students proceeded towards the gate and decided to open it by force.
The security forces were supported by fire engines and the fire brigade
directed the water hoses on the students.
A large number of students had carried stones in their pockets and they
began to stone the security forces. The security forces were quiet for
a little while, contenting themselves with the water that was directed
against the students. However, the Fire Department had brought only two
trucks of water and they were soon exhausted. The students continued to
throw stones and the security forces threw the stones back at them.
This lasted for a little while and then the shooting began
were bullet marks on the iron fence, on the northwest corner of Post Hall,
on the west of the Pharmacy Building which produced ricochets. There are
bullet marks in trees in front of the Social Sciences Building and on
the walls of the Social Sciences Building from knee height to high on
the building, proving that live bullets were fired at body height as well
as in the air over the heads of the students.
From the time the shooting began the security forces were very severe
and rather brutal. There are reports that they even dragged a student
from an ambulance and hit him. Some of the doctors and technicians, even
though wearing white coats, risked their lives in order to remove some
Upon investigation at the AUB Hospital we found that 26 injured students
reached the Hospital.
It has been stated that the shooting from the security forces did not
come from the police but from the gendarmerie, and they claim that the
first shot came from a building inside the University and from adjacent
buildings outside the campus.
1955: We want to learn
It is the universitys function to train us, its students and future
spokesmen of our countries, to face the problems of everyday life. How
can we do that when we are only here to attend lectures and take notes?
How can we be the future liberators of our respective countries if we
are not taught how to practice the basic important factors that lead to
freedom from oppression?
Students should have the right to voice their own opinions in matters
that concern them.
We, the student body, are not puppets
.We think. That is why we are
here. We have our own life to shape. That is what we have come to learn
how to do. We have our own voice to express. That is what we hope to do.
1967: Students Protest U.N. Partition of Palestine
Over seven hundred students gathered in front of West Hall last Wednesday
at 10 oclock and marched silently to the Assembly Hall in a gesture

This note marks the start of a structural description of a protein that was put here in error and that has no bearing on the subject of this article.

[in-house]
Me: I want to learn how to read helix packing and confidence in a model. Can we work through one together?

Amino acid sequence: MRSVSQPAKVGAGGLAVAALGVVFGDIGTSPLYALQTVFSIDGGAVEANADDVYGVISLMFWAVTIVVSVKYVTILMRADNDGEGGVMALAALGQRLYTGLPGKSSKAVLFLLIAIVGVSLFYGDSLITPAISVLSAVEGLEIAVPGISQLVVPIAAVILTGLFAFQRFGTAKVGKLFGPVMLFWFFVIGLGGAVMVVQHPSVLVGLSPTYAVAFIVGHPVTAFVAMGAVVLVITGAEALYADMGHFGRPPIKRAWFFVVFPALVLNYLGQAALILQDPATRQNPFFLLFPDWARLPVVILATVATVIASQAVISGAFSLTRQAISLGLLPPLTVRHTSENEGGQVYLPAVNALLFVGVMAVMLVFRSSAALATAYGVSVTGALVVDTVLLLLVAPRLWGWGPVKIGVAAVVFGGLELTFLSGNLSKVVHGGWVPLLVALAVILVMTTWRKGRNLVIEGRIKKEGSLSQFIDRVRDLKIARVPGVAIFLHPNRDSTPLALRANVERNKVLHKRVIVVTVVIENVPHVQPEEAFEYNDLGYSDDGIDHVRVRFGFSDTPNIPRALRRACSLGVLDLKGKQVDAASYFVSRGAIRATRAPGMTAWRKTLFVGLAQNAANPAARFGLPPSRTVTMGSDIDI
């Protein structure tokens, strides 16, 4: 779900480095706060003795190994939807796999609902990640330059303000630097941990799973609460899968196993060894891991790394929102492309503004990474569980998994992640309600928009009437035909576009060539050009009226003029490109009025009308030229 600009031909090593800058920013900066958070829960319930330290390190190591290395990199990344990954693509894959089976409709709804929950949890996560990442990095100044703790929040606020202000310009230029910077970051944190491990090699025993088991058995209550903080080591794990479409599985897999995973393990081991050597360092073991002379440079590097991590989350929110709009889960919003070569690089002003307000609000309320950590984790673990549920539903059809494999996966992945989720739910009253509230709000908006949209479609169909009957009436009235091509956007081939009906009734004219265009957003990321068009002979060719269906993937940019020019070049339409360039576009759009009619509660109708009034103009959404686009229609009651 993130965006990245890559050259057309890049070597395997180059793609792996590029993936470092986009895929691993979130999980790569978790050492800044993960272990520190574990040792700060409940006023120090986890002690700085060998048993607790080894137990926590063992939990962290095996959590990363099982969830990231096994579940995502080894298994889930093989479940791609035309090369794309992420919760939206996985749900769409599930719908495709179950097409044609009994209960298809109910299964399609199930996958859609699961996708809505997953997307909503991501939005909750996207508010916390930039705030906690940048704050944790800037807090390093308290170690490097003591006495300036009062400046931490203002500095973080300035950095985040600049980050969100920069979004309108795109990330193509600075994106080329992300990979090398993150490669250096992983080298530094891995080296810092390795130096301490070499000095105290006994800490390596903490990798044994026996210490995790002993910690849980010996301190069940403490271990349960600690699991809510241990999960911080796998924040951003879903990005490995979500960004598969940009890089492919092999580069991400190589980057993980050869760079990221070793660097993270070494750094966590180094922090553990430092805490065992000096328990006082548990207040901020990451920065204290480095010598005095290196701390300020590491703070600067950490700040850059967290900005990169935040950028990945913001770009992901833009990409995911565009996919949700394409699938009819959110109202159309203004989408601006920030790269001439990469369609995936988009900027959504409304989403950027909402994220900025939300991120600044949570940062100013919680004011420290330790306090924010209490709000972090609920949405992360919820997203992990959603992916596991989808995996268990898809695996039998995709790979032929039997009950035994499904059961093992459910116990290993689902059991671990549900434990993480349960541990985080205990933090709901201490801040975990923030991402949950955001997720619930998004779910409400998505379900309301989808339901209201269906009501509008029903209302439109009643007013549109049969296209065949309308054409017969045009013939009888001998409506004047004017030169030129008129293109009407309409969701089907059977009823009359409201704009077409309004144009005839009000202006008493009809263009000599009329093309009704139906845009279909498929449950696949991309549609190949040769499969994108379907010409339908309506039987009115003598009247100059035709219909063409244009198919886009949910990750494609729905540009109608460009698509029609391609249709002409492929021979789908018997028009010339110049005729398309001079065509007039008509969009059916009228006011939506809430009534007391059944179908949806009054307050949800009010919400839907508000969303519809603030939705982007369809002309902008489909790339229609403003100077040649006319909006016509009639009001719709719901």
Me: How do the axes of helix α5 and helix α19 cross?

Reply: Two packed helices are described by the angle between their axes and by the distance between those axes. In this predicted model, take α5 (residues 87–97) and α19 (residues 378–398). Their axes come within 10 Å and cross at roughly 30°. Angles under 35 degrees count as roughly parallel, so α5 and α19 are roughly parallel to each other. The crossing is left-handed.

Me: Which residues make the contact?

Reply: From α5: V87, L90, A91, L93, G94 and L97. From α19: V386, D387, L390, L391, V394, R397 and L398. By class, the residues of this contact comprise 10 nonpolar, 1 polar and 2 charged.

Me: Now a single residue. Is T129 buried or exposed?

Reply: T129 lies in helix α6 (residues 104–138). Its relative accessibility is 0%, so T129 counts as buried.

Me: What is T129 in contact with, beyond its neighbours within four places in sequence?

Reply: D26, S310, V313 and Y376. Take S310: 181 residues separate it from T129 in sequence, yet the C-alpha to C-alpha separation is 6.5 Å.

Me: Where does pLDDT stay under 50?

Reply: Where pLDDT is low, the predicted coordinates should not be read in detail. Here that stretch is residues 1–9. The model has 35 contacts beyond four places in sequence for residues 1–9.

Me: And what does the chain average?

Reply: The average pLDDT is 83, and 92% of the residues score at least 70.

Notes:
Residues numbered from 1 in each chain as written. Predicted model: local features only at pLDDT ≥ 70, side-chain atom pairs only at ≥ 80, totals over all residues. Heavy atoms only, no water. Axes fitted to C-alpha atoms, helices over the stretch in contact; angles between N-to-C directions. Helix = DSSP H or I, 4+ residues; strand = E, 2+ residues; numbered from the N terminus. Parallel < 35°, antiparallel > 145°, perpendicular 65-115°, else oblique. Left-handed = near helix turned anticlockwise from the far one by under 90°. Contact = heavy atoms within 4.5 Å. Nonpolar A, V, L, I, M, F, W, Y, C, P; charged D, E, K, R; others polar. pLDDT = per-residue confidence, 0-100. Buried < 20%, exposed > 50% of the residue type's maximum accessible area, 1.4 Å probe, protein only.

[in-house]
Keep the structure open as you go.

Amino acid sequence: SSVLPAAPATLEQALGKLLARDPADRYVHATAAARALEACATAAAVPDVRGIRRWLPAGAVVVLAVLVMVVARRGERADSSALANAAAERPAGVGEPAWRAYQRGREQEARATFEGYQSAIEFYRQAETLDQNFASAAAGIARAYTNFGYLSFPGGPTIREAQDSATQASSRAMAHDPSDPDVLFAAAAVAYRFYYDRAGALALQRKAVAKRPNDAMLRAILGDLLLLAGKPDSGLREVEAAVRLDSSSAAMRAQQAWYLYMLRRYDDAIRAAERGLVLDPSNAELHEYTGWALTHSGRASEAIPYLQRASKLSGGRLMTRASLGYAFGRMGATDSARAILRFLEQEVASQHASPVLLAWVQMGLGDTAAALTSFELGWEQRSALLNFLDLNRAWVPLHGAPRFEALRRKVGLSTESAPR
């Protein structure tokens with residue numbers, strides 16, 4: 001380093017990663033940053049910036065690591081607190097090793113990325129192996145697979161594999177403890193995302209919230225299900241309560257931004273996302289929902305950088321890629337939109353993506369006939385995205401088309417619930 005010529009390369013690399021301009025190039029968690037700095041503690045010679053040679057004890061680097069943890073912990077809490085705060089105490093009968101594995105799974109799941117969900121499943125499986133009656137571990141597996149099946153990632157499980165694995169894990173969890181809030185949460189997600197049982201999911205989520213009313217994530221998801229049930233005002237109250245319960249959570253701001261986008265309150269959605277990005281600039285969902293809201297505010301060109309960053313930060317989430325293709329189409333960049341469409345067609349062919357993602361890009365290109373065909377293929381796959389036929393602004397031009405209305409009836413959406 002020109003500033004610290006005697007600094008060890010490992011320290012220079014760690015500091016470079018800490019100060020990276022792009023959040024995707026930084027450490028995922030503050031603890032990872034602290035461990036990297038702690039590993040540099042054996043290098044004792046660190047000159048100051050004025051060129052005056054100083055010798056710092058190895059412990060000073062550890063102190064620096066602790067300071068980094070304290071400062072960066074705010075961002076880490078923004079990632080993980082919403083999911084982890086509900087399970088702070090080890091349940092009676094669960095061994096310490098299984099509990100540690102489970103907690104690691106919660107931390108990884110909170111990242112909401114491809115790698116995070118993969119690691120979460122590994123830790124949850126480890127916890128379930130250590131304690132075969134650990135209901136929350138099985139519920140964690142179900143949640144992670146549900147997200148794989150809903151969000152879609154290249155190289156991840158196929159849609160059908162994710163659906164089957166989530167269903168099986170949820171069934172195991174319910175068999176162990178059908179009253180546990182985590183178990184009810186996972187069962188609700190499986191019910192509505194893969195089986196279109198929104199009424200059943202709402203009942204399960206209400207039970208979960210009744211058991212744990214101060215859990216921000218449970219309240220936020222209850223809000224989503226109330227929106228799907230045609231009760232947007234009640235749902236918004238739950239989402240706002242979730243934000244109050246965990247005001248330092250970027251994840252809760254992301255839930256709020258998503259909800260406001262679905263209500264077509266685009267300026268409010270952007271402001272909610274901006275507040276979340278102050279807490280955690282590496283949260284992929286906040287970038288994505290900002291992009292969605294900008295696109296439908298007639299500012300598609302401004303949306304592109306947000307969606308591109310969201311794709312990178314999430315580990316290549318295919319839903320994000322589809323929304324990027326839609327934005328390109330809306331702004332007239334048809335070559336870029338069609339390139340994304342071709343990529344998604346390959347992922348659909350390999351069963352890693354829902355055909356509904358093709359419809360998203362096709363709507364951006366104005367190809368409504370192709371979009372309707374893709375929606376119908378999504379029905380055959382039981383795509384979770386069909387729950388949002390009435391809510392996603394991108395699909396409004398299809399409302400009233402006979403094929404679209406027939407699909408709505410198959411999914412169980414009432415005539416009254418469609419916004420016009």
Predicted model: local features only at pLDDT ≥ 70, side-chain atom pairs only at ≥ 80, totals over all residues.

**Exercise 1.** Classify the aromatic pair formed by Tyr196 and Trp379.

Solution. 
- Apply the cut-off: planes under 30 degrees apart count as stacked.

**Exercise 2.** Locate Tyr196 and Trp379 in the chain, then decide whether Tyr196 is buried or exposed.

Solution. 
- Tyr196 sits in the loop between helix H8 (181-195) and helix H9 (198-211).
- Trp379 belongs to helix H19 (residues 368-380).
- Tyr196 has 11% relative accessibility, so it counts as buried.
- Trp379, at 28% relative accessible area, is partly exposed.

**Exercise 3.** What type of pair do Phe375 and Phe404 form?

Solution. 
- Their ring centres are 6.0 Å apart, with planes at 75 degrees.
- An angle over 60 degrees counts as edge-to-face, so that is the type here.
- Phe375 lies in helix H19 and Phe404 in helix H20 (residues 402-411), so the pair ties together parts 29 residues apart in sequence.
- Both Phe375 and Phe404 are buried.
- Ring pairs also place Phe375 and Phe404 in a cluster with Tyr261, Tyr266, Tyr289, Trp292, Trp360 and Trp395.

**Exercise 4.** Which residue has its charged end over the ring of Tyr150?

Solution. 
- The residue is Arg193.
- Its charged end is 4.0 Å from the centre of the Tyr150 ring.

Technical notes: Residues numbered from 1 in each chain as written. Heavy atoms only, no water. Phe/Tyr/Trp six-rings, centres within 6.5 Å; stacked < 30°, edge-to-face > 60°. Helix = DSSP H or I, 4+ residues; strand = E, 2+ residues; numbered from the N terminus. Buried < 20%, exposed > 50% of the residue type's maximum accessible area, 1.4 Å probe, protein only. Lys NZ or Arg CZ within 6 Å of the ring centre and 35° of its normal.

of condemnation of the U.N.s partition of Palestine on November
27, 1947. The march, organized by the Arab Student League, culminated
with speeches by Distinguished Professor Constantine Zurayk, Professor
Yusuf Ibish and student, Suhail Hamam. Among those present were Dean Louis
Cajoleas, Dean Robert Najemy, Dr. Eli Salem, Nabil Dajani and other members
of the administration and faculty.
Dr. Zurayk spoke about the recent setback experienced by the Arab countries
and emphasized the fact that such events can either destroy nations or
motivate them to a fresh and more positive start.
called for the continuation of the opposition to the
situation of Palestine emphasizing the need for an unwavering determination
to win the struggle at hand.
Prof. Yusuf Ibish completed the series of speechs [sic] by stressing the
fact that it is not enough to have weapons, machinery and other such tools
to overcome the opponents. He stated that education and individual qualities
are just as important if not more so. A development of positive enthusiasm
and personal advancement as a form of preparation for future confrontations
is therefore an essential prerequisite for success.
1970 Guerrilla U -Newsweek Magazine
According to a reporter, Politics at AUB today is tied directly
to the Palestinian guerrilla movement
The aggressive young men and
women who spring from AUB appear torn between admiration for their American-Style
education and distrust of the country that offers it. Of course
we reject American foreign policy and the capitalist mentality of most
Americans, an AUB student who doubles as a guerrilla group leader
said recently. But we have also learned to respect a culture that
gives rebels even the right to think and say what they want. If there
should be a Palestinian state run by us, it would be anti-imperialist,
anti-Washington and anti-bourgeois. But I dont believe it would
be truly anti-American.
1971: The 28 day sit-in:
Excerpts: Day to Day Rundown of Developments:
Monday, May 10
The three-man Student Affairs Committee (composed of Committee Chairman
Elie Salem, Provost Samir Thabet and Dean of Students Robert Najemy) reveals
to 15 student representatives
that the Administration has decided
to raise tuition fees by 10 per cent starting with the academic years